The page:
Tomato Sequential Deep Planting

Tomato Sequential Deep Planting

If you’re like me and planted your tomatoes from seed a few weeks ago you may start to notice the roots beginning to move beyond your original potting medium.  I used the peat pellet system for starting our peppers and tomatoes and noticed recently that the roots are extending beyond the pellets. What does this mean? Time to get a bigger pot! I’m using a technique that I’m calling sequential deep planting.  Basically I’m taking the best method for planting tomatoes, deep planting, and adding an intermediate step to it.  It’s pretty simple, just dig a hole deep enough to cover all of the tomato plant except for the top couple leaves. Because tomatoes are vine plants they have the ability to grow roots all along the stem.  When you place the tomato stem under the soil it will grow roots. More roots mean the tomato can take in more water and will establish itself faster in the garden.

Sequential deep planting is potting the tomatoes up into larger pots in between seed growth stages and garden planting stages. You may already do this but I think it’s worth talking about. Here’s how I did it.

I used peat pots. You can get other mediums some of which are made of other biodegradable materials, like cow manure, but these were easy and convenient. Newspapers or cardboard would probably work as well.

Then I took my tomatoes, some of which were 6-8 inches high, and had a short photo op.  They like to pose.  They are pretty aren’t they?

I put the tomato plants right into the empty peat pots.  You can put a little dirt in the bottom if you want, either way should be fine. Right now I want to generate as many roots along the stem as possible and shorten the length of the stem. Shorter, more compact plants with more roots grow better than their long and legging counterparts. This is especially true if you are buying transplants from the store.  Definitely avoid the leggy ones. (You can trench plant those if that’s all the store has.)

Then I filled up the little pots with soil and made sure that the tomato plants stayed as centered in the pots as possible.


After filling them up I added water and put them in our garage greenhouse to help harden them off. In a couple weeks I should be able to plant them outside with nice sized root balls ready to grow. That’s when I’ll plant them deep, for the second time.


Dave has written since 2007. He gardens on an acre and a half where he raises his 5 children. He enjoys growing vegetables, herbs, and propagating plants. Dave works as a real estate agent in Spring Hill, TN.

This Post Has 7 Comments

  1. This is a great idea, Dave, that keeps those roots from circling around in the pot.

  2. Very cool info, Dave! I'm starting seeds this yr. for the first time…although I haven't put in my tomatos yet!! It's getting a bit late for indoors so I'll probably just wait til I can start them outdoors. Anyway, I've started perennials and annuals the same way this yr. Just 2 days ago, it was time to repot because the same thing occured: my petunias, impatience, lobelia, salvia, thyme, rock soapwort & some wildflowers I'd sown were ready: so I did exactly the same thing as you…even using next size larger peat pots! I am hoping they won't get so big that I have to move them up to even larger pots before it's time to place them in the ground (but I doubt there's any danger of that happening;-)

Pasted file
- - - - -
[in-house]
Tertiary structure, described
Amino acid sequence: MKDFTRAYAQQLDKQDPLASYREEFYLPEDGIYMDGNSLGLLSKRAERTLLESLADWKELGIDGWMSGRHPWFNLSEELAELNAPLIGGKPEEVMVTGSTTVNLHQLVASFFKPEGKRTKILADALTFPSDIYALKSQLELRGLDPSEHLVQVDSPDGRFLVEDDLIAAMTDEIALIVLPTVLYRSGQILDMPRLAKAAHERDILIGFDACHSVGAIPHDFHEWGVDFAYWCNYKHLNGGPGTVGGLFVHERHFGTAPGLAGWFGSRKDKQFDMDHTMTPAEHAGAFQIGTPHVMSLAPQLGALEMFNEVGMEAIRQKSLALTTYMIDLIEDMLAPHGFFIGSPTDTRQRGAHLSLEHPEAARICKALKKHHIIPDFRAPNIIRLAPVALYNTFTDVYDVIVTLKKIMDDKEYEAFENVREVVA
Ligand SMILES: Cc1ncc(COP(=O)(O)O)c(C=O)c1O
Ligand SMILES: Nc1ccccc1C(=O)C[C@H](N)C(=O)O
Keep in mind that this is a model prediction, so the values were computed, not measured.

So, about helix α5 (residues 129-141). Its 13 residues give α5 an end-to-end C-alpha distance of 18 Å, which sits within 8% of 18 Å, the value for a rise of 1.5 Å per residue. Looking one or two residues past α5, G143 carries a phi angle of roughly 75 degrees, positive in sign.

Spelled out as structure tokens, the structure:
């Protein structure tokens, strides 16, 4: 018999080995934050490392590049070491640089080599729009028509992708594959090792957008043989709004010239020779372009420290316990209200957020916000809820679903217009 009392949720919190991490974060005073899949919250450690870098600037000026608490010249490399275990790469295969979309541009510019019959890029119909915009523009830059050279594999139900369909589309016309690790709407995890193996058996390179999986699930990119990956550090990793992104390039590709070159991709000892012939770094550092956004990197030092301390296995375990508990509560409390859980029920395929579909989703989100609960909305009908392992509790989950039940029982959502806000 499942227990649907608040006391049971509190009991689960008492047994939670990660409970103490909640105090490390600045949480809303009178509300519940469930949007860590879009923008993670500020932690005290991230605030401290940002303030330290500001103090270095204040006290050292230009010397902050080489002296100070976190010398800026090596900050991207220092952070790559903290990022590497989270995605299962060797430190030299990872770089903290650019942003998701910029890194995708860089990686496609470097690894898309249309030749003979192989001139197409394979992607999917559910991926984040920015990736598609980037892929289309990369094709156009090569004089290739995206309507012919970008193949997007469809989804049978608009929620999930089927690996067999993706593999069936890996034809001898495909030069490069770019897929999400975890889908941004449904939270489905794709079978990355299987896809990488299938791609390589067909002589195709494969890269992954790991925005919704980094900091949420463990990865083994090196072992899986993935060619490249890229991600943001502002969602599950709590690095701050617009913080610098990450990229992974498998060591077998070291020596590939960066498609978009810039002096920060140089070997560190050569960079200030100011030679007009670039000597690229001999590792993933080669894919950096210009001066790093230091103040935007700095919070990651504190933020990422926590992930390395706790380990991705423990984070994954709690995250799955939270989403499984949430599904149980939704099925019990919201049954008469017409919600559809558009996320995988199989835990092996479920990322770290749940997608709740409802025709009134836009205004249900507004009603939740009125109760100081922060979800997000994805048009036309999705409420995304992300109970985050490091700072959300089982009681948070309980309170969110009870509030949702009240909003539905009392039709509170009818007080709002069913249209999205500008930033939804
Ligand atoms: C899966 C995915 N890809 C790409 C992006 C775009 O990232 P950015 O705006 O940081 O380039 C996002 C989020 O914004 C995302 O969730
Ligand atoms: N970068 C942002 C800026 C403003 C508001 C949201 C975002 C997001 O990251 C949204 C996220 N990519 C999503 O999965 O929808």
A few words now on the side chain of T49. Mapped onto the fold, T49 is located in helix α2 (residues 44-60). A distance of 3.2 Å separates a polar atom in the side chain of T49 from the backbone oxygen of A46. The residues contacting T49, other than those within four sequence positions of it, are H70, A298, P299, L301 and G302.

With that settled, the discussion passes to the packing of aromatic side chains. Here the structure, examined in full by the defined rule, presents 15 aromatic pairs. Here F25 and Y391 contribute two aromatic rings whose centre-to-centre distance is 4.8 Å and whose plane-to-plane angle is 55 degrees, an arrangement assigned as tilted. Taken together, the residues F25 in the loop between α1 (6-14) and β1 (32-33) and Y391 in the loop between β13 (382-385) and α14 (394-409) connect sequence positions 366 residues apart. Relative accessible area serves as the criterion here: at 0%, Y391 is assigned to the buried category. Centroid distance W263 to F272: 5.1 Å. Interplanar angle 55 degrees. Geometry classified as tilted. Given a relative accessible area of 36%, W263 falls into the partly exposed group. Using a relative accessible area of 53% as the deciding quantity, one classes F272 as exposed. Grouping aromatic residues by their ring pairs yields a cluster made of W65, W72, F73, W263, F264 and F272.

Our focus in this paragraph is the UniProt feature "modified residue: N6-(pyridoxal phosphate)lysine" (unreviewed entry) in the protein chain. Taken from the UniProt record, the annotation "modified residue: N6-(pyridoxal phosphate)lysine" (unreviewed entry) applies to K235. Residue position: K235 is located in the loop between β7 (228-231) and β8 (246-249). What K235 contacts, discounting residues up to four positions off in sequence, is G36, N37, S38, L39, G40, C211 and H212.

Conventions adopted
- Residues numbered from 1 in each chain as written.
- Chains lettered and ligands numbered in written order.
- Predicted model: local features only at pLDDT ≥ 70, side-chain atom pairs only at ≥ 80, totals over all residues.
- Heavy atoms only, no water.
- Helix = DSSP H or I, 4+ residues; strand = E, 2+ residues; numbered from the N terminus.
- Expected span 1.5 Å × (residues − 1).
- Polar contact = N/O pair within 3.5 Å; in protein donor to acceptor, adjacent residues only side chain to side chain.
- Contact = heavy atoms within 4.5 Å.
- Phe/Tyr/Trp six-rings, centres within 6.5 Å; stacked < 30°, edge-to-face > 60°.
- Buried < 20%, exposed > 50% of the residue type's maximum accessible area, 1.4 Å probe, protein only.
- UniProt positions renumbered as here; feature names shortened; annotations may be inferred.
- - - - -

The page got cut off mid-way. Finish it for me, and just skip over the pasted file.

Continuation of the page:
I have 2 areas where I have growlights so those areas are full right now!!! I'm having fun, which is a big part of it, right? No veggies will come of it, but perhaps a 'thyme or two'?!! ha ha. Happy Spring;-)

  3. Very good info here Dave. Thanks!

  4. My method of “sequential deep planting” is different but gets the same results. I plant my tomato starts lengthwise with just the tip out of the soil. You have to bend the tip just a bit do do this but it don’t hurt a thing. Planting depth is the same as usual.

  5. Thanks Donna!


    You can upsize the plants as much as you need to with those peat pots! You could go ahead and get those tomatoes started a couple weeks early and have a little growth on them. But if your having fun and have the thyme, you’re doing good!

    Thanks Darla!


    That’s a good way to do it too. I like deep planting rather than trenching since the root system will be deep right underneath the plant and not to one side. Either way works fine though. The more roots the merrier!

  6. I do this as well, builds strong plants.

    Many people don’t know that when you prune your tomatoes you can stick the pruning in the ground and they’ll root. I got a few free tomatoes last summer this way (some by accident).

  7. Chiot’s Run,

    I did that same thing last year! I was hoping to propagate a few that way for The Well food pantry project I’m helping.

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